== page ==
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Scott McGillivray Says Do This with Old Kitchen Cabinets

Posted by Tanner Ross on December 31, 2016
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From Jen Z: “We live in a small townhouse with a small kitchen. The kitchen has wooden cabinets (I think they’re real?)  I think there are a lot of people who probably feel the same way as me: How do you know when you should paint over your wooden cabinets? I hear that some people say NEVER! and others say GO FOR IT.  Is there a rule?  What do you suggest in our little kitchen? 

Also.. how important is it to have matching appliances in a townhouse that’s not on the ‘high end’ of the $ scale?
Thank you SOO much..
(We would like to sell or rent our town home within the next 2 years.. if they economy gets better!)
Thanks,

Jen Z.” 

Scott suggests: Jen,

Painting over your old cabinets is one of the most inexpensive ways to improve the look of your kitchen.  If the cabinet doors and the boxes they are hinged on are in good condition but are looking dated then I would recommend painting them.

DesignDilemma-2
The Before. Photo courtesy of Scott McGillivray.

Here is a breakdown of the process:

1. Remove the cabinet doors and the door hardware.   Clean the doors with a bit of soapy water and a damp cloth.  Let dry.

2. Sand all surfaces of the door and the faces of the kitchen cabinet boxes (the narrow band of the cabinets that you can still see when the doors are on their hinges and closed.) Use 150 grit sand paper.  Wipe off dust.

3. Choose your paint colour and compatible primer.  There are many different types of paint you can use.  I use latex paint but some people prefer an oil based paint.  When you buy your paint be sure to tell the person at the paint desk what you are painting to ensure you get the appropriate product.  Bring one of the doors with you if you are not sure whether you need a melamine or wood primer.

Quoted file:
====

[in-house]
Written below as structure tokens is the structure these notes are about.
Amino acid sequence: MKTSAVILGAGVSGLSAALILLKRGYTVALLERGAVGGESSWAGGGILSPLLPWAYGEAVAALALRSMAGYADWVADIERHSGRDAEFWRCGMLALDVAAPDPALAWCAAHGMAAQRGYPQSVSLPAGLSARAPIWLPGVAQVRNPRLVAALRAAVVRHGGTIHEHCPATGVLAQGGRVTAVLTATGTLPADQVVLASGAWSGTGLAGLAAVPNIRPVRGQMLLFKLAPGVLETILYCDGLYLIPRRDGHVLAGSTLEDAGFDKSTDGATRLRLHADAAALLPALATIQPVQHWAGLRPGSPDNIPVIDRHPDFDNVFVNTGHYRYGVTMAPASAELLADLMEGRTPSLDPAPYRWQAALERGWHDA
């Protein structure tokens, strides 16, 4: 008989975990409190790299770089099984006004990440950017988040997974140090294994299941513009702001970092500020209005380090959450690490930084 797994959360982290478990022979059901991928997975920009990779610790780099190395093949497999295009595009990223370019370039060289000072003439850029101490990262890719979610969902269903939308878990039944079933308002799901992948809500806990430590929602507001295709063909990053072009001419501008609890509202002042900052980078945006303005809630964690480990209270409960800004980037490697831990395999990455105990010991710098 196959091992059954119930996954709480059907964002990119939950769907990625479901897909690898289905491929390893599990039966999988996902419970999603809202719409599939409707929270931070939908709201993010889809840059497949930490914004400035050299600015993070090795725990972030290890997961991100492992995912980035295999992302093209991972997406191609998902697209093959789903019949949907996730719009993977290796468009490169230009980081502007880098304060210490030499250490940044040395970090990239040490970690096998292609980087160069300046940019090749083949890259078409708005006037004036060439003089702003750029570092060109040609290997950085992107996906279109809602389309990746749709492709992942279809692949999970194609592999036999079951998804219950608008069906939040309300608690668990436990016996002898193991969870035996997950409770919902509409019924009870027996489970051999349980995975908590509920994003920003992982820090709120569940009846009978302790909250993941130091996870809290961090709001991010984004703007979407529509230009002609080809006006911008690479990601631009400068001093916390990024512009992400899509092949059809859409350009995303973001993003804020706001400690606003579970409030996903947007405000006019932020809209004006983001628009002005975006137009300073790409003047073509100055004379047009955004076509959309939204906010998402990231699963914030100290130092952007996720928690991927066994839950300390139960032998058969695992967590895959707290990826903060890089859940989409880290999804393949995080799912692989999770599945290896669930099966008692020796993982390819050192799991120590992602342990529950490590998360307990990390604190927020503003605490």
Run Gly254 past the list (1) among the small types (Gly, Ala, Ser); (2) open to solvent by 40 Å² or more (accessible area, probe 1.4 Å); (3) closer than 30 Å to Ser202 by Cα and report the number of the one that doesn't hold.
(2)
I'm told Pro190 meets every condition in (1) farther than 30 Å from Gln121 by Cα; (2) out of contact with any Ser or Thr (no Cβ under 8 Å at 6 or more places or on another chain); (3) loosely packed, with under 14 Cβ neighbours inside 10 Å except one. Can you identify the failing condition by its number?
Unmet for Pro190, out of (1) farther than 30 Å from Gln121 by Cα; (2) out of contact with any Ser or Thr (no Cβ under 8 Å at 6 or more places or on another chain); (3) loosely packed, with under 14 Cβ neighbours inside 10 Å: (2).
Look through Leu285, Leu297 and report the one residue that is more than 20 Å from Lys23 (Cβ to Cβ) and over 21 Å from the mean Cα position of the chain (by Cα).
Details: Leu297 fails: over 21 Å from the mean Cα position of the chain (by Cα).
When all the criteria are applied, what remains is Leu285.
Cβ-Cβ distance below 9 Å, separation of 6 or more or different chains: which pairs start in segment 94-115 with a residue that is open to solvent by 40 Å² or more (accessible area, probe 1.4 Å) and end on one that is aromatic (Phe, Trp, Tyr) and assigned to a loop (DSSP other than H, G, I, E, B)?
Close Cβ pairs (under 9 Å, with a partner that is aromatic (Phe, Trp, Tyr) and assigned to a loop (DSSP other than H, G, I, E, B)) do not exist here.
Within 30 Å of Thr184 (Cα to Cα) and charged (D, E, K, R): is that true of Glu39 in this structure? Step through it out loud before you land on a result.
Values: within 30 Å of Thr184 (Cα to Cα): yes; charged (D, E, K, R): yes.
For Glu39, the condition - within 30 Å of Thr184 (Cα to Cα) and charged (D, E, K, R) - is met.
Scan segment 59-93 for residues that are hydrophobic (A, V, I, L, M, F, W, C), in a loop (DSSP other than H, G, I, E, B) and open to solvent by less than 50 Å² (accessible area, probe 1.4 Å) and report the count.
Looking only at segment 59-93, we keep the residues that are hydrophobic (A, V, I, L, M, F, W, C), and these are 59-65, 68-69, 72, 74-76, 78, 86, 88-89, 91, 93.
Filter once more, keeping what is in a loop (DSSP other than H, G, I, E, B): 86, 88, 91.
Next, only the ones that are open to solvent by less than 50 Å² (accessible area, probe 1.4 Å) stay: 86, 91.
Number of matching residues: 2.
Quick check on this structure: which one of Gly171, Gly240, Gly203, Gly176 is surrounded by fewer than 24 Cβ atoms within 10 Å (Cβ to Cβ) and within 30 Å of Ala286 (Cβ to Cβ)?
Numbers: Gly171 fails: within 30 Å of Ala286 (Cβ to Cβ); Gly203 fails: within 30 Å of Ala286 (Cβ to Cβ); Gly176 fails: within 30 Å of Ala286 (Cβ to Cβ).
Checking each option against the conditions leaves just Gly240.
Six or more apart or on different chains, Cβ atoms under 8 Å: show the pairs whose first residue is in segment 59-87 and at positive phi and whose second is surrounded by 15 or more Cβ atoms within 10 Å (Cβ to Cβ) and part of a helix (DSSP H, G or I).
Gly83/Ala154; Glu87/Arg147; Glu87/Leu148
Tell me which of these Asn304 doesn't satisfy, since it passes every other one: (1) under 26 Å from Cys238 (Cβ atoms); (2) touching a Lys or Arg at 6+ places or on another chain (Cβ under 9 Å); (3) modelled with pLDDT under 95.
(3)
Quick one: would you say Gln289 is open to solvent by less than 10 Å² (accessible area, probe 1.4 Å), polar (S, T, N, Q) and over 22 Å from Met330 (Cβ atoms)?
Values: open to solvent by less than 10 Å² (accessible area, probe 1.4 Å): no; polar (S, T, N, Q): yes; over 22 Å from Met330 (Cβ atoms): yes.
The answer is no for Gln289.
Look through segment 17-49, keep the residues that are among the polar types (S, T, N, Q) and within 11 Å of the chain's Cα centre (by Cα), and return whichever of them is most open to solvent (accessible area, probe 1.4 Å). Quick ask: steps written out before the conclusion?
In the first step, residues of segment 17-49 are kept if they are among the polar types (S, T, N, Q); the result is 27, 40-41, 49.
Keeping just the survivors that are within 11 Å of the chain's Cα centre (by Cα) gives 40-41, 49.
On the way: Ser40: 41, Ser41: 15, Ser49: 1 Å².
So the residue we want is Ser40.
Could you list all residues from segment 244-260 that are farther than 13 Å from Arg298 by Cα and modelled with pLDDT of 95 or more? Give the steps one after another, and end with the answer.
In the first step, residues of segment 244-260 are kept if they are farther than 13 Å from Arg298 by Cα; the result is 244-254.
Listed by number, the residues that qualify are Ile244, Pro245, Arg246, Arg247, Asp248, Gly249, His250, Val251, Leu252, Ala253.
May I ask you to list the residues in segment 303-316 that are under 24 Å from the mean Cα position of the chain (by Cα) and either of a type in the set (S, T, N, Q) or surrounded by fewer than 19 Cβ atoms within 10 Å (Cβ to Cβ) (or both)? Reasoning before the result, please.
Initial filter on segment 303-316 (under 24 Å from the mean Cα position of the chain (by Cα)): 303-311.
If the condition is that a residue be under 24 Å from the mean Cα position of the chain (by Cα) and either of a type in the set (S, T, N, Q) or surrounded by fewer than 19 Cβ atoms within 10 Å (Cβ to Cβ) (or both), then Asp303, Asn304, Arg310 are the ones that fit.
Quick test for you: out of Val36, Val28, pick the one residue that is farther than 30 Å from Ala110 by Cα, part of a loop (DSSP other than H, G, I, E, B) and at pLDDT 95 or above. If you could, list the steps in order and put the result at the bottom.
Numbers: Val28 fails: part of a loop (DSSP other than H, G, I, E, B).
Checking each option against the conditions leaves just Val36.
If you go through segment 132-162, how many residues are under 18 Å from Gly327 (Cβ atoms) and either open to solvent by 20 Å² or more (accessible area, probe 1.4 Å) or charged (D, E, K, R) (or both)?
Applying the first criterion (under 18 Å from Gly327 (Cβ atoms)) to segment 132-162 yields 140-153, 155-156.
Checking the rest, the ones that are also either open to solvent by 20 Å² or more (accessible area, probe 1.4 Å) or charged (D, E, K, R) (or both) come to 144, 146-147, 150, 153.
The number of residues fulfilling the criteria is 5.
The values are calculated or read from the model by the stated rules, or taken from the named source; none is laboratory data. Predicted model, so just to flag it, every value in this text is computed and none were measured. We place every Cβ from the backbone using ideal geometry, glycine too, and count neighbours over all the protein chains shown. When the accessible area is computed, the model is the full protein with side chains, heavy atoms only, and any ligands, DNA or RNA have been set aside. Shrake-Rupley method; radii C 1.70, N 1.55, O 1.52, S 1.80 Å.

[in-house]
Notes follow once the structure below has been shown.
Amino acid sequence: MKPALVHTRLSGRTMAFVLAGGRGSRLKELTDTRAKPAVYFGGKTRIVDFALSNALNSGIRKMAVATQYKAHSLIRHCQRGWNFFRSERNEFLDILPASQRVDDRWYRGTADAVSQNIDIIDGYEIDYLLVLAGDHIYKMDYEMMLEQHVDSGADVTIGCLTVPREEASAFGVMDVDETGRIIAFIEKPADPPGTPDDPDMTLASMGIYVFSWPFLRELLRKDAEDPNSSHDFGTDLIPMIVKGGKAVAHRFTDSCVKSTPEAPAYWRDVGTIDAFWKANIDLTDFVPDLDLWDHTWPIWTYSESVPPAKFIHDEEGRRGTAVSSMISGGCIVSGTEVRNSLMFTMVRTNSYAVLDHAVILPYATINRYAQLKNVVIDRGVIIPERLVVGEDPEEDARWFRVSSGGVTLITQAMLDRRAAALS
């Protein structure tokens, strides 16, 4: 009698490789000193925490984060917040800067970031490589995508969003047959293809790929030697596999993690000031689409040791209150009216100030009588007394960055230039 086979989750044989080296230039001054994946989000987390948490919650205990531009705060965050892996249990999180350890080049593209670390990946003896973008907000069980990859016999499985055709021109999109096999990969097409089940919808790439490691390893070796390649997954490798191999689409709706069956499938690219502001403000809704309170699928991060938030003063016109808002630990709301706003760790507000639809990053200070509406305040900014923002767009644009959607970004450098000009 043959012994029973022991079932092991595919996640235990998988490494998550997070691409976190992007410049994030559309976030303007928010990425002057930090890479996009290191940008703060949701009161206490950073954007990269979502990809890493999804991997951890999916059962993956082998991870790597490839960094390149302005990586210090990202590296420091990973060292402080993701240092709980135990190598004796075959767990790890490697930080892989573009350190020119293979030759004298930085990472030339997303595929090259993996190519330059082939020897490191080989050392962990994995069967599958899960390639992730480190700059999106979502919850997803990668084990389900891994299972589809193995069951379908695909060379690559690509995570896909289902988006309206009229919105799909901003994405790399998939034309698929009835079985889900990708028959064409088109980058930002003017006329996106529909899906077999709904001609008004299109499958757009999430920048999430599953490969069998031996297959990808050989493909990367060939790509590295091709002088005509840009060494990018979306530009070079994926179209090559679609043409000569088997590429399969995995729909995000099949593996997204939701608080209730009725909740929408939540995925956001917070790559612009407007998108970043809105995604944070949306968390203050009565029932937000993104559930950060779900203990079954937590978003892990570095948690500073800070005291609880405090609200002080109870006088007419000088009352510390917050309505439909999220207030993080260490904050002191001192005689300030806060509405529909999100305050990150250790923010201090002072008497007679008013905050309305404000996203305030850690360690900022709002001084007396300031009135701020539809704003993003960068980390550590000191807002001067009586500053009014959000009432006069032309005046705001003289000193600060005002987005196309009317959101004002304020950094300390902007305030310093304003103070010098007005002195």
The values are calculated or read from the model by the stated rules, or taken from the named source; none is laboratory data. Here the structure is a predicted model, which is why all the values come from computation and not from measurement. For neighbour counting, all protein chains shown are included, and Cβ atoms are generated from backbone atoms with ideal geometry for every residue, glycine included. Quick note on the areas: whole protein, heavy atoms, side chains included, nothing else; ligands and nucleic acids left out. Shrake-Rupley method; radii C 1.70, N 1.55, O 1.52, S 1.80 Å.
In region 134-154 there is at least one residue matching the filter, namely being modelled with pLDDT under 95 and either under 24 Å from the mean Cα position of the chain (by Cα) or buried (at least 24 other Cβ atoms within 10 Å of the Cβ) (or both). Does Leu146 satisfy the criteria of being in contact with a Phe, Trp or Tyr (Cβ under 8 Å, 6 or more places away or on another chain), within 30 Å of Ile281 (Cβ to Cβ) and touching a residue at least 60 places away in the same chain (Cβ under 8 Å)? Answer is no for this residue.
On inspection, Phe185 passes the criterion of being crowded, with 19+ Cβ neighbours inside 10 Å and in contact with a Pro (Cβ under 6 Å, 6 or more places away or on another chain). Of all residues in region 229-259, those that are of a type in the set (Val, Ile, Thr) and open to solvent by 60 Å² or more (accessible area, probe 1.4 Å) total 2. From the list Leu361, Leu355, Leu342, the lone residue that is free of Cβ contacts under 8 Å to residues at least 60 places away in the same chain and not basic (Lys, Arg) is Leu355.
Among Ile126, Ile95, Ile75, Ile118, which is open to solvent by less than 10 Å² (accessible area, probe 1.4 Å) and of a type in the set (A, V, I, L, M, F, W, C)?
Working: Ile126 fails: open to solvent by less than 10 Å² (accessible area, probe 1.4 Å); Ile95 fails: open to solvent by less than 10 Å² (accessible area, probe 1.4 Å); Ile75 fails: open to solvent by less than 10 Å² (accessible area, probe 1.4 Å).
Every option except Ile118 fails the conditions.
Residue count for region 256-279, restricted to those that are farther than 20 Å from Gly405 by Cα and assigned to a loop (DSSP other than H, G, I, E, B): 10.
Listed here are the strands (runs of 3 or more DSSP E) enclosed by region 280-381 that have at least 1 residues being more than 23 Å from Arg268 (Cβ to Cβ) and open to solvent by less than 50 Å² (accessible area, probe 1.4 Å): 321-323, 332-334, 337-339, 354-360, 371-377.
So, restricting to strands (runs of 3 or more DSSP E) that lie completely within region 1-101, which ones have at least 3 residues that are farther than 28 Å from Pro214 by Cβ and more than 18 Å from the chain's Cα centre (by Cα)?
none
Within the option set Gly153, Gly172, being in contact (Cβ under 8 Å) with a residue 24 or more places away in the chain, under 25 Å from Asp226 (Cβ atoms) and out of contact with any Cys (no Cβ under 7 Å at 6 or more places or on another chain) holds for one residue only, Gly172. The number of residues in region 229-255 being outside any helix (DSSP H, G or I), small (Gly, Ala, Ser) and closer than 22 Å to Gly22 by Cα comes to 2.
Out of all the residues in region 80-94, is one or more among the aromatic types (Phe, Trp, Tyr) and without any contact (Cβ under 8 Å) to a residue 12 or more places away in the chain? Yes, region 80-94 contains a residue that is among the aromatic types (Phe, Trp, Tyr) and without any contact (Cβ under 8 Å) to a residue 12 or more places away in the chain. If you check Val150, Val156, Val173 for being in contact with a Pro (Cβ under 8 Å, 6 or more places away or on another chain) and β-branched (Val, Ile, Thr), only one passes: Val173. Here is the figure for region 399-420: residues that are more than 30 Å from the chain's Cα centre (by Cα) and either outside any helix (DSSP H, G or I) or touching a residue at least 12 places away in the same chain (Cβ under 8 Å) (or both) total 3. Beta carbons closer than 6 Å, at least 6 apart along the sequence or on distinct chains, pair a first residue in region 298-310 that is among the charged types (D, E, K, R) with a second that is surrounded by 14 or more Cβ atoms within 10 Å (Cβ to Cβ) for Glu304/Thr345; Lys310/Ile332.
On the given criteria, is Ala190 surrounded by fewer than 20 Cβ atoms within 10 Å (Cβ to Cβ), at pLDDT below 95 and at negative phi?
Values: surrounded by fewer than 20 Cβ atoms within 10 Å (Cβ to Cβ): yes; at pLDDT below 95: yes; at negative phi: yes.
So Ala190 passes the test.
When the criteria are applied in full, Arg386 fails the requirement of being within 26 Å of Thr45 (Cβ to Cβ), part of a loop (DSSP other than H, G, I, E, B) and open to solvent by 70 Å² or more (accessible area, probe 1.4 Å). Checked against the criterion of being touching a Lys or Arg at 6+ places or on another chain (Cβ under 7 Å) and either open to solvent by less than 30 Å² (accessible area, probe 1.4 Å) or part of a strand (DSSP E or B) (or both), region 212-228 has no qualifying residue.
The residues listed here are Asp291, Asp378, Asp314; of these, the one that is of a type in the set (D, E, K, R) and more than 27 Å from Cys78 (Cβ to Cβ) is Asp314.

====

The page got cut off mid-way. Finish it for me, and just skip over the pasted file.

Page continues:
4. Prime the doors and the faces of the kitchen cabinets (do not paint the inside of the cabinets.)  The best way to get a smooth finish is by using a pneumatic sprayer, but don’t panic if you don’t have access to one.  You can paint the doors with a brush.  When using a brush do a couple of thin coats of paint rather than one thick coat.  This gives you a smoother finish.  Allow 3-4 hours between coats and 48 hours of curing before re-installing the cabinet doors.

5. Put the door hardware back on and put the doors back on the hinges.

DesignDilemma-3
The After. Photo courtesy of Scott McGillivray.

Here are a few other tips for your kitchen:

  • Paint the cabinets and replace the door hardware.  The door handles on your cabinets will have two screws on the back of the door.  Unscrew them and bring them with you to the hardware store when you are getting the paint.  Select new door hardware that has screws at the same width as your old handles.
  • Replace your stove and fridge to match your microwave range hood.  You can find fairly inexpensive white appliances online.
  • My final recommendation would be to lighten up the wall colour.  Here (above) are a few before and after pictures of a small kitchen I updated recently.  I painted the cabinets, counter tops and walls, changed the door hardware, faucet, and appliances.  Without the appliances the cost of materials was under $500 — not bad eh!

 

For more renovation hints and tips connect with me today! – www.TannerRoss.ca | Facebook @TannerRossRealtor | Instagram @TannerRossRealtor | Twitter-@TannerRemax

 

Source: http://www.hgtv.ca/blog/scott-mcgillivray-says-do-this-with-old-kitchen-cabinets/

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